When are these things coming?
Nissan last year announced an “ambitious goal” of having an affordable autonomous car ready by 2020. Others who see that as overly ambitious think you’re more likely to see them in serious production a few years after that — say, 2025 or 2030.
How much will they cost?
Right now, the technology alone adds $70,000 to $100,000 to the cost of a vehicle. Few people could pay that much more for a magic flying carpet, let alone a car. Automakers are wrestling to make it affordable, and there are projections that by the time autocars go into mass production, the additional cost might fall to between $3,000 and $5,000.
How do they work?
Lots of sensory equipment feed into the vehicle’s computers. Radar, lasers and cameras collect data on the distance to objects and their speed if they’re moving. GPS helps, and an inertial navigation system in the computer uses dead reckoning to continuously calculate position, orientation, direction and speed of the vehicle and surrounding objects.Without getting too deep into the weeds: Cloud-based data could be used to continually update the onboard computer, including data collected from other cars.
Can they deal with work zones, or cyclists and a kid in the street?
They’re pretty good at it now, and their developers are working to make them better. Sensors on the vehicle keep track of everything in its path, and the vehicle stops for obstacles or to navigate around them.
Are autonomous cars and connected cars the same thing?
No. An autonomous car uses onboard technology to find its way around and keep from running into things. Connected cars, a concept also in active development, provide direct short-range communication between vehicles (and highway beacons) to help them coexist better. The connected-car technology could be an asset to autonomous cars, but it’s not the steppingstone some experts once thought necessary. Connected cars still will need an active driver.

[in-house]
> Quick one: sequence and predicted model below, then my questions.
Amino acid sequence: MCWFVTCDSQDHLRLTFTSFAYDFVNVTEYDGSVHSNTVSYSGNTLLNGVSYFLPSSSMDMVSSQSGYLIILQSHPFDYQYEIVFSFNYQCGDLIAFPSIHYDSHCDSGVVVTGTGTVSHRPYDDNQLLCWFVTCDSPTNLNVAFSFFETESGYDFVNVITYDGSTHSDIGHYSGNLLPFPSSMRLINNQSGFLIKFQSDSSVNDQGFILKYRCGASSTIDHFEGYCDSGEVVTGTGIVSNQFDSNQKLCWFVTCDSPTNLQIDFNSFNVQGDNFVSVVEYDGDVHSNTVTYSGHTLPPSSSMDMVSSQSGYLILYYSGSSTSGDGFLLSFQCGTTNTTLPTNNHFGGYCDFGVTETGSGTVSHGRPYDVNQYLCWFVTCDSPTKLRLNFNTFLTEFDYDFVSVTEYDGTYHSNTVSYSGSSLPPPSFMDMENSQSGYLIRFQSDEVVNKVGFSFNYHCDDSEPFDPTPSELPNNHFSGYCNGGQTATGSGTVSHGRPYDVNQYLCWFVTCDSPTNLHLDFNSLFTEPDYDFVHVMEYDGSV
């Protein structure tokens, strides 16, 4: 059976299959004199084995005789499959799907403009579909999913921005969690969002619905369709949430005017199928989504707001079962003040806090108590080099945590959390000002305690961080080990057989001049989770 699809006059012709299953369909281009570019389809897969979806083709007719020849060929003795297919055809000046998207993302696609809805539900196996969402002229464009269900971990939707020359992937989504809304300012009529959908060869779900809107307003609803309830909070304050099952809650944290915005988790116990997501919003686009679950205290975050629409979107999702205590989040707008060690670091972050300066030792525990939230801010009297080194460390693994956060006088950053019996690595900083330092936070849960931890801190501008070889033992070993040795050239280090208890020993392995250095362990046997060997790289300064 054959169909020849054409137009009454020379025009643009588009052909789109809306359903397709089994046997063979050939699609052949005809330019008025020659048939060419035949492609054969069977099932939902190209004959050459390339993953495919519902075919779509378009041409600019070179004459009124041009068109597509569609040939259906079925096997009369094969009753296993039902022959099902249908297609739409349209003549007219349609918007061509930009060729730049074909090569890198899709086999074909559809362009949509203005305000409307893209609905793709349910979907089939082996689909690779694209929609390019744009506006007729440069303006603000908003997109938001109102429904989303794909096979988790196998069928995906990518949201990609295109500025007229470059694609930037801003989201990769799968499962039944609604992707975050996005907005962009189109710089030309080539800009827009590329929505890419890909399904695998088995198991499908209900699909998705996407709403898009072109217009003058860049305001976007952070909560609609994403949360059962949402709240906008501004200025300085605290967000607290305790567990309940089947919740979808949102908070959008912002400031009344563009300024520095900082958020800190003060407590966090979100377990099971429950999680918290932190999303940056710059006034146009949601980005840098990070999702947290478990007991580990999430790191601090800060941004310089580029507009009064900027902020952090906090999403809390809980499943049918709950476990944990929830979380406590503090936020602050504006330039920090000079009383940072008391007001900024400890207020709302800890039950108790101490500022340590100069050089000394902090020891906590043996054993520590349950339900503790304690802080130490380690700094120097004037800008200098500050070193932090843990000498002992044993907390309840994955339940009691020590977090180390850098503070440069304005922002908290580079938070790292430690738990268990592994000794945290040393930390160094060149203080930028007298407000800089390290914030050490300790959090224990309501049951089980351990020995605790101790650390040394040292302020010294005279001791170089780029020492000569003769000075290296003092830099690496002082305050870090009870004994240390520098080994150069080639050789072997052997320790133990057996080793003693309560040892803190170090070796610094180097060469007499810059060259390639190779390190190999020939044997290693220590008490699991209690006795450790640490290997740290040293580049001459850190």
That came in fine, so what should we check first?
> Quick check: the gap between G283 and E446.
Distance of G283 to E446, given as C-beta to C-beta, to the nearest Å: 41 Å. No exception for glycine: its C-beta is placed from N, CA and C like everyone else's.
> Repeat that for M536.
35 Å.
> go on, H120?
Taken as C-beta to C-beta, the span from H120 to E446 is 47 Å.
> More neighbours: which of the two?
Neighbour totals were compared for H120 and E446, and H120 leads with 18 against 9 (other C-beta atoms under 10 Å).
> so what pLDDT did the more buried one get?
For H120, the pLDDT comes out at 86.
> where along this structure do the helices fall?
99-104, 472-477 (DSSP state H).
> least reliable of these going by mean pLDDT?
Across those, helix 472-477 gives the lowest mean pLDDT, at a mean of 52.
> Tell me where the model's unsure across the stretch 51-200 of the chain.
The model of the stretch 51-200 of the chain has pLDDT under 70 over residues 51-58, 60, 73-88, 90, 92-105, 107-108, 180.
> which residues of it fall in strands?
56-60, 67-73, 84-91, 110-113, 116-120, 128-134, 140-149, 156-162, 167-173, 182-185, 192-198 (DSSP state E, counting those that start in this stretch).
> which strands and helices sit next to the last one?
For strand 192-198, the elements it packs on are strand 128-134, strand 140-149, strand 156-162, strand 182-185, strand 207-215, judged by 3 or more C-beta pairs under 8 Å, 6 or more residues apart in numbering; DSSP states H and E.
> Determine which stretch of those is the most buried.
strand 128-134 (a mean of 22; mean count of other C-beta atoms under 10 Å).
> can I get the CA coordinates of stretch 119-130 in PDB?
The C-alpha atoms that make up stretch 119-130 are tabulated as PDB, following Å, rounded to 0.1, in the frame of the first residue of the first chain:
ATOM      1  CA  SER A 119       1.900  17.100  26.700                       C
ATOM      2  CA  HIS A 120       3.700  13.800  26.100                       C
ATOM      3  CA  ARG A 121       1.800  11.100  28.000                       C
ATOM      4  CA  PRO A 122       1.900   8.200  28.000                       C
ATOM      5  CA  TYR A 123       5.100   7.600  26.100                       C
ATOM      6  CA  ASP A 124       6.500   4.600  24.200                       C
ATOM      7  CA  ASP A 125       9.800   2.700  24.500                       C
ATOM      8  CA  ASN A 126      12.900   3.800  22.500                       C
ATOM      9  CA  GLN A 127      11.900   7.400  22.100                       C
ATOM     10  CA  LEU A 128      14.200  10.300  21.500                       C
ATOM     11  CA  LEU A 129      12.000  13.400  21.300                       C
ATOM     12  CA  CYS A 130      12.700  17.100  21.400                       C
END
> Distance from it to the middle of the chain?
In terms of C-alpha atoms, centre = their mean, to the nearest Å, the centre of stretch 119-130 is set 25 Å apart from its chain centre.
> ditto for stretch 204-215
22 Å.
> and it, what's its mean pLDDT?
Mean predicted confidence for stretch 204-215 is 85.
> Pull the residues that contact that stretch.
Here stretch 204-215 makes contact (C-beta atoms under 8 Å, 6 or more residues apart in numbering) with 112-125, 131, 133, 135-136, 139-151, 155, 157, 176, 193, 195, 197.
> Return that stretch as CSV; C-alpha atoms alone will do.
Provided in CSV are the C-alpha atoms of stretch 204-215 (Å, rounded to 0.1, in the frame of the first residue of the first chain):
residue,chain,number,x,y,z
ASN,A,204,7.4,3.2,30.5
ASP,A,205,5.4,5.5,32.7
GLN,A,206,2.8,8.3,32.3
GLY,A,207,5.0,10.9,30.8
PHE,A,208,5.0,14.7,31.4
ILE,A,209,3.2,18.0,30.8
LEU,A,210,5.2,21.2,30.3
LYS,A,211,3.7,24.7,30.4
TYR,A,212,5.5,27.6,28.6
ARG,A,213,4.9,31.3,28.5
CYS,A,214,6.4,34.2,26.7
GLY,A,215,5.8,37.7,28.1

Will a car with no hands on the wheel be safer?
Yes, experts say. Driver error causes the overwhelming majority of crashes — 93 percent of them, according to one federal report — and there are more than 5 million crashes each year. Just getting intoxicated drivers from behind the wheel could reduce fatalities by 39 percent.
Does that mean there will be zero crashes?
Nobody dares make that claim, and for good reason: Too many things can go wrong on the roadway. But there could be a dramatic reduction.
Who are the winners and losers if these things come to rule the road?
The quick take is greater mobility for the blind, the elderly, people with disabilities and those too young to drive. Professions that figure to suffer: cab drivers, truck drivers and bus drivers. If crash rates plummet, body shops, insurance companies, chiropractors and emergency rooms will see less business.
Will there be less traffic congestion?
Probably yes, but maybe no. Cars moving along briskly — no rubbernecking, distracted drivers or left-lane slowpokes — clears up a lot of the headache right off the bat. There will be less stop-and-go and smoother passage through intersections, and cars will be able to travel much closer together. But two things may put more cars on the road: Those who can’t drive now (see above) will be on the road, and since being in a vehicle that doesn’t need to be driven will be more enjoyable and productive, people may spend more time on the road (see below).